In this post, I am sharing how to make an Autumn cross stitch banner with tassels to give it that little something extra.
I love making banners and I did a Summer one a few years ago, but I needed something to swap it out for during the cooler months.
That’s something else I love; swapping out wall decor each season and cross stitch banners make this much easier as you can just roll them up and tuck them away for a few months.
*Affiliate link. If you click on these links I may earn a small commission at no extra cost to you. I only ever recommend products I have used and loved myself!
To make an autumn cross stitch banner you will need:
- Aida or evenweave (approx 7.5 x 10 inches if using the same pattern I have)
- 4 full skeins of embroidery thread for the tassels (I used DMC 814, 3051, 3852 and 919)
- Thread for your pattern
- A wooden dowl (approx 6-6.5 inches)
- Thread to hang the banner up
- A cross stitch pattern (I used this Autumn one)
- A ruler
- Sewing machine (optional)
How to make an Autumn cross stitch banner with tassels
Step 1: Stitch your cross stitch pattern
If you chose one larger than the design I used then you will have to alter the measurements of your aida/evenweave accordingly and may need a longer dowel.
Step 2: Fold in the edges for stitching
Leave 1.25 inches of space at the sides of your design and fold in the edges. I lined the ruler up where the fold needed to be and folded over it.
The repeat at the top edge, but leave a 4 inch space here.
For the bottom triangle fold, firstly make a mark at the bottom center square and then mark a side edge in line with the bottom of the design. (I did mine lower than this but think it would look better a bit higher).
Then fold from the mark at the edge to the mark at the bottom center and repeat on the other side.
Step 3: Sew the edges
First, sew the side edges all the way to the top (you will have to unfold the top edge first). You can do this by hand or with a sewing machine.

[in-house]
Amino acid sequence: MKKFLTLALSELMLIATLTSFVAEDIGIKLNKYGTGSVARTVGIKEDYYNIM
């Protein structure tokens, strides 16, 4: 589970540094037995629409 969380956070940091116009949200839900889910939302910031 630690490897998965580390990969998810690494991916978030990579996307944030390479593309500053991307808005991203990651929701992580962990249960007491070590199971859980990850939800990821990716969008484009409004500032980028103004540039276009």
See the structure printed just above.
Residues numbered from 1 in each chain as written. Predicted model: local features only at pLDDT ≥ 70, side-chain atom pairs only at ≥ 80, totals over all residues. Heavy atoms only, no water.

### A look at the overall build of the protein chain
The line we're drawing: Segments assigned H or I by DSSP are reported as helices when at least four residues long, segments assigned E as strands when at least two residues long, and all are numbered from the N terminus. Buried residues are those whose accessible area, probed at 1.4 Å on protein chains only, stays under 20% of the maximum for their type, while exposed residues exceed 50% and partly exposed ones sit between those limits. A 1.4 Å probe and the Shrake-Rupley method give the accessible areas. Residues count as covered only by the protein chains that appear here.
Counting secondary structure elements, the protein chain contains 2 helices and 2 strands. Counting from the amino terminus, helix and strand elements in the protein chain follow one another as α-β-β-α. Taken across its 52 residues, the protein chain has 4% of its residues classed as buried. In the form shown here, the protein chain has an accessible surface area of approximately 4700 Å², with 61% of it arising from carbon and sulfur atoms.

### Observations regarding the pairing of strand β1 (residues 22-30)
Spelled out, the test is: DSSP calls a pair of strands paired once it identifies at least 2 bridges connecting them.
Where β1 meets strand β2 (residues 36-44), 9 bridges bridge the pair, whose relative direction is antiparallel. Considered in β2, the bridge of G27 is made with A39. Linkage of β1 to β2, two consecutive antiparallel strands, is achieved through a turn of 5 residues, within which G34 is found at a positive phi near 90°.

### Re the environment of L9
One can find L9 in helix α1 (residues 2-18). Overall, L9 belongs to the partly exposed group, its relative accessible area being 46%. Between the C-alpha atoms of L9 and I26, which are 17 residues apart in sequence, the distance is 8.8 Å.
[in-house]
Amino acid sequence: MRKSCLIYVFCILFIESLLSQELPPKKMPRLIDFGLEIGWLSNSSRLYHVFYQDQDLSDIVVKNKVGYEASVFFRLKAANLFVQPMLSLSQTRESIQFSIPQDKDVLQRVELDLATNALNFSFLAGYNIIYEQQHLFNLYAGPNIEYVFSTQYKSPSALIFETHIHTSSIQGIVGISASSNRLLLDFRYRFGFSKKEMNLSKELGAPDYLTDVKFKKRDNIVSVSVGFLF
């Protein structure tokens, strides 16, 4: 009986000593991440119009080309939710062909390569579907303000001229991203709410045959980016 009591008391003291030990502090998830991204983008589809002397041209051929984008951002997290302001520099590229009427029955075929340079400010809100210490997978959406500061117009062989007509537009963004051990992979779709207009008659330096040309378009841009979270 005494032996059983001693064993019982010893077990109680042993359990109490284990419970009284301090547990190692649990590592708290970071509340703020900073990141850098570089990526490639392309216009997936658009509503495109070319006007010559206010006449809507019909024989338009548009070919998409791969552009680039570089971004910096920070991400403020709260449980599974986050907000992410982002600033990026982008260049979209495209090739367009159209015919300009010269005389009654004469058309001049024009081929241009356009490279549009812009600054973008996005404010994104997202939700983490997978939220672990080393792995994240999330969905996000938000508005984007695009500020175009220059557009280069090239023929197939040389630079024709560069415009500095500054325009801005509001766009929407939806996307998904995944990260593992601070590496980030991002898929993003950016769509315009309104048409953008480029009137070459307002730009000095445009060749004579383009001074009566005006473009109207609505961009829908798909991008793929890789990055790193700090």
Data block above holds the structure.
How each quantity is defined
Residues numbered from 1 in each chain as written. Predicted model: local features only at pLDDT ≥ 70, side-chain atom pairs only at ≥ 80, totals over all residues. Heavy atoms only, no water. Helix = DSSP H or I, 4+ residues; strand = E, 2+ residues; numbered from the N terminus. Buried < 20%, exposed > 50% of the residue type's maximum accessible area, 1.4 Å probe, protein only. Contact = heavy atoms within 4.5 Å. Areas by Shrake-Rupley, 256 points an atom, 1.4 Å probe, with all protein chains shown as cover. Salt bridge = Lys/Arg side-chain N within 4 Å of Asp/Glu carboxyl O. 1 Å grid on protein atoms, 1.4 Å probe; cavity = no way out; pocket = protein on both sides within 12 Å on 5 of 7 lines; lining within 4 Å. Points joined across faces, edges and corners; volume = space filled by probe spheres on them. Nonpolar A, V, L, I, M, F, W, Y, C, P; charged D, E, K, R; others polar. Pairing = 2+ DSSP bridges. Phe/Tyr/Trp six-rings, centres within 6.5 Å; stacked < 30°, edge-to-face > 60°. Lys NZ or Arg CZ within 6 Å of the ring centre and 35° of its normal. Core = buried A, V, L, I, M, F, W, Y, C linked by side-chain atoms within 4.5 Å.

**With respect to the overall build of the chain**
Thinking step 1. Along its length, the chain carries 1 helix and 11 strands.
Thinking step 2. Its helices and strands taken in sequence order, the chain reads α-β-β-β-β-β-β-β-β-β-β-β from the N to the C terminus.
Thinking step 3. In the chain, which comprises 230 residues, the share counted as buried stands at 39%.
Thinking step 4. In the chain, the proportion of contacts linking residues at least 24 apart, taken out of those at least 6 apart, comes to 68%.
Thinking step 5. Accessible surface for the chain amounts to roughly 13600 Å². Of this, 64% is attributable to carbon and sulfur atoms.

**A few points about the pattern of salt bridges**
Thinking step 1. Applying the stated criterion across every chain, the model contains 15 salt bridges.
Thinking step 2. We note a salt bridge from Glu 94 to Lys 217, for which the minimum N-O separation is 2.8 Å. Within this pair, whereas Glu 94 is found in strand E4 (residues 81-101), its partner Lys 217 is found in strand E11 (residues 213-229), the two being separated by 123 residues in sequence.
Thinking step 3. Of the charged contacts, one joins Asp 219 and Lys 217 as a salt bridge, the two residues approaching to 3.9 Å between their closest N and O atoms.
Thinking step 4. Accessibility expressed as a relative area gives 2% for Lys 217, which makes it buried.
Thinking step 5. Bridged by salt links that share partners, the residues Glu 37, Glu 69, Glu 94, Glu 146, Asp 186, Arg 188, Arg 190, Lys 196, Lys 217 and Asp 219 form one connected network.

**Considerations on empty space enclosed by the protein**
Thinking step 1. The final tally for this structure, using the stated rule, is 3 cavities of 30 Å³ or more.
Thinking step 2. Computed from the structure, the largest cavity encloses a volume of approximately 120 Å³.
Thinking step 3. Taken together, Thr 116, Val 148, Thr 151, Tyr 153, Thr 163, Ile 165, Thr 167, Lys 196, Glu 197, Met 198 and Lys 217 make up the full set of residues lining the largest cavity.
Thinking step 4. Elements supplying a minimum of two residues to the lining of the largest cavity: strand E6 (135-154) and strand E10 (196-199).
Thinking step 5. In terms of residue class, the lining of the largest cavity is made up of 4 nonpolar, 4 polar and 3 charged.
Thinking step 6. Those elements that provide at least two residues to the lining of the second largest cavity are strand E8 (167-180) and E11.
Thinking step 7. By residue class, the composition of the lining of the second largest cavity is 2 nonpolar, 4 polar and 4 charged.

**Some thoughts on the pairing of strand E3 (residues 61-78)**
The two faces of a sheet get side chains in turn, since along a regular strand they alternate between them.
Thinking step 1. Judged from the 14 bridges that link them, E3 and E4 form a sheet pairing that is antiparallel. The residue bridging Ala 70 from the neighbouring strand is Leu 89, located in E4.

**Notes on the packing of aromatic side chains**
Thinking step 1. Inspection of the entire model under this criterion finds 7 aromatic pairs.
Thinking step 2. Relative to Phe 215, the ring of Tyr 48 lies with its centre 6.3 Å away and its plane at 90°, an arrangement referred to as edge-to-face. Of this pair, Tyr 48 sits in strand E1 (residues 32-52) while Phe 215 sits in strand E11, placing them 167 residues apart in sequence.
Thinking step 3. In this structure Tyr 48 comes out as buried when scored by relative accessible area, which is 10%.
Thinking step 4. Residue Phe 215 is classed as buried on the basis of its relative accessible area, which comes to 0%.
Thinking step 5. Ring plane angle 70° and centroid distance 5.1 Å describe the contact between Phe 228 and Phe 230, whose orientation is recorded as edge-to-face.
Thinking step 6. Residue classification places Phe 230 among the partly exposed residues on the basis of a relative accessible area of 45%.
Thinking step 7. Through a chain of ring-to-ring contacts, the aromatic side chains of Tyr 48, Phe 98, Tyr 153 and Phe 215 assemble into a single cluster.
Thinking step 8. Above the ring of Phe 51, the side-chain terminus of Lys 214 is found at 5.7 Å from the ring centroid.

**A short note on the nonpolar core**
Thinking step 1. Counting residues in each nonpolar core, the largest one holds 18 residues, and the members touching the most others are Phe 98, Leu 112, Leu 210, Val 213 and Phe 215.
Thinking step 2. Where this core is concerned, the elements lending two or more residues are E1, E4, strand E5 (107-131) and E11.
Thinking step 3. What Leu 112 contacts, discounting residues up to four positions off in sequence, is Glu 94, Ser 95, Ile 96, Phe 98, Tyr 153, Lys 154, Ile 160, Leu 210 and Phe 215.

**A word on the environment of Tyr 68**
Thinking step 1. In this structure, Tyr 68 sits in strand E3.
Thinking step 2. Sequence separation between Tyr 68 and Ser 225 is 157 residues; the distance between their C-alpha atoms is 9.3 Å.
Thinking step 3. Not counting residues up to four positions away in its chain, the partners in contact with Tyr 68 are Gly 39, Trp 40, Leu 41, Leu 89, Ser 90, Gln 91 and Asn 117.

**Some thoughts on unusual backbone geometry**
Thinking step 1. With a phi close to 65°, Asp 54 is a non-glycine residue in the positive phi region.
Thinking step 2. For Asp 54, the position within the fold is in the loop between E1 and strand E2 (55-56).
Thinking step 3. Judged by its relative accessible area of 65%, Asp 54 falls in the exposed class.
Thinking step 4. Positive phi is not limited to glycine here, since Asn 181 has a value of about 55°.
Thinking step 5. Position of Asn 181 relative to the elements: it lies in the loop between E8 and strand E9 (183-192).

Next, sew the bottom folds to make your pointed bottom. If there is a little bit of fraying at your point just use some fray check to help it out and know that this will be covered with a tassel soon.
I love this Prym Fray Check* for aida. It dries clear and is great for clothes too!
You may want to snip off any excess aida at the back now (I like to work with a lof of margin in case any stitches are off).
For the top edge, fold it back down and you want to leave enough margin when you’re sewing that your wooden dowel will fit through the hole you are creating. For me, this was just under an inch.
Step 4: Make Your Tassels
I have a video (it’s from an Instagram live I did) below that you can watch to make your tassel or you can read the instructions instead.
First, get a full skein of thread and pull out around 12 inches of thread and snip it in half.
Tie each piece at each end of the skein, trying to make them tie at equal points from the edge.
Next, fold the whole skein in half and cut right through the middle.
Pull off the casings and tah-dah! 2 tassels ready to go. Repeat this on 3 more skeins and you may need to trim the bottoms so they all match up.
If you want to you can also trim the ends of the tassels to make them the same length.
Step 5: Attach your tassels to the banner
Find the pieces of thread that you tied around the skein and thread 1 part through a needle (you may need a needle threader as all 6 threads are going through).
Start at the bottom and thread your needle through the banner. Repeat with the other part of the thread you tied around the skein and come through right next to the first length of thread, but not through the same hole.
At the back, tie the 2 lengths of thread in a knot. I tied it 3 times to ensure it was secure. Then snip the ends off.
Repeat with the other 6 skeins spacing them out as evenly as you can. You can use the holes in the aida to count up or use a ruler to measure the space. I did neither and just guessed and it turned out pretty well. I do wish I had just spaced them apart a tiny bit more but overall I’m happy.
Step 6: Make it ready to hang up
Now pop your wooden dowel through the gap at the top edge. Then cut some thread to attach to the dowel. The length depends on how low you want it to hang but I cut mine to approx. 13 inches.
Tie each end of the thread to each end of the dowel and snip off the excess.
And you’re done! You could cut out some felt and attach it to the back if you wanted, but if you’re hanging this on a wall it’s not necessary. And I like the way banners hang without the felt; they’re more “flowy”.
If you liked this tutorial I would be grateful if you would share it. You can pin it using the image below or use the other share buttons. And this is a great way to save it for yourself if you want to come back to it later.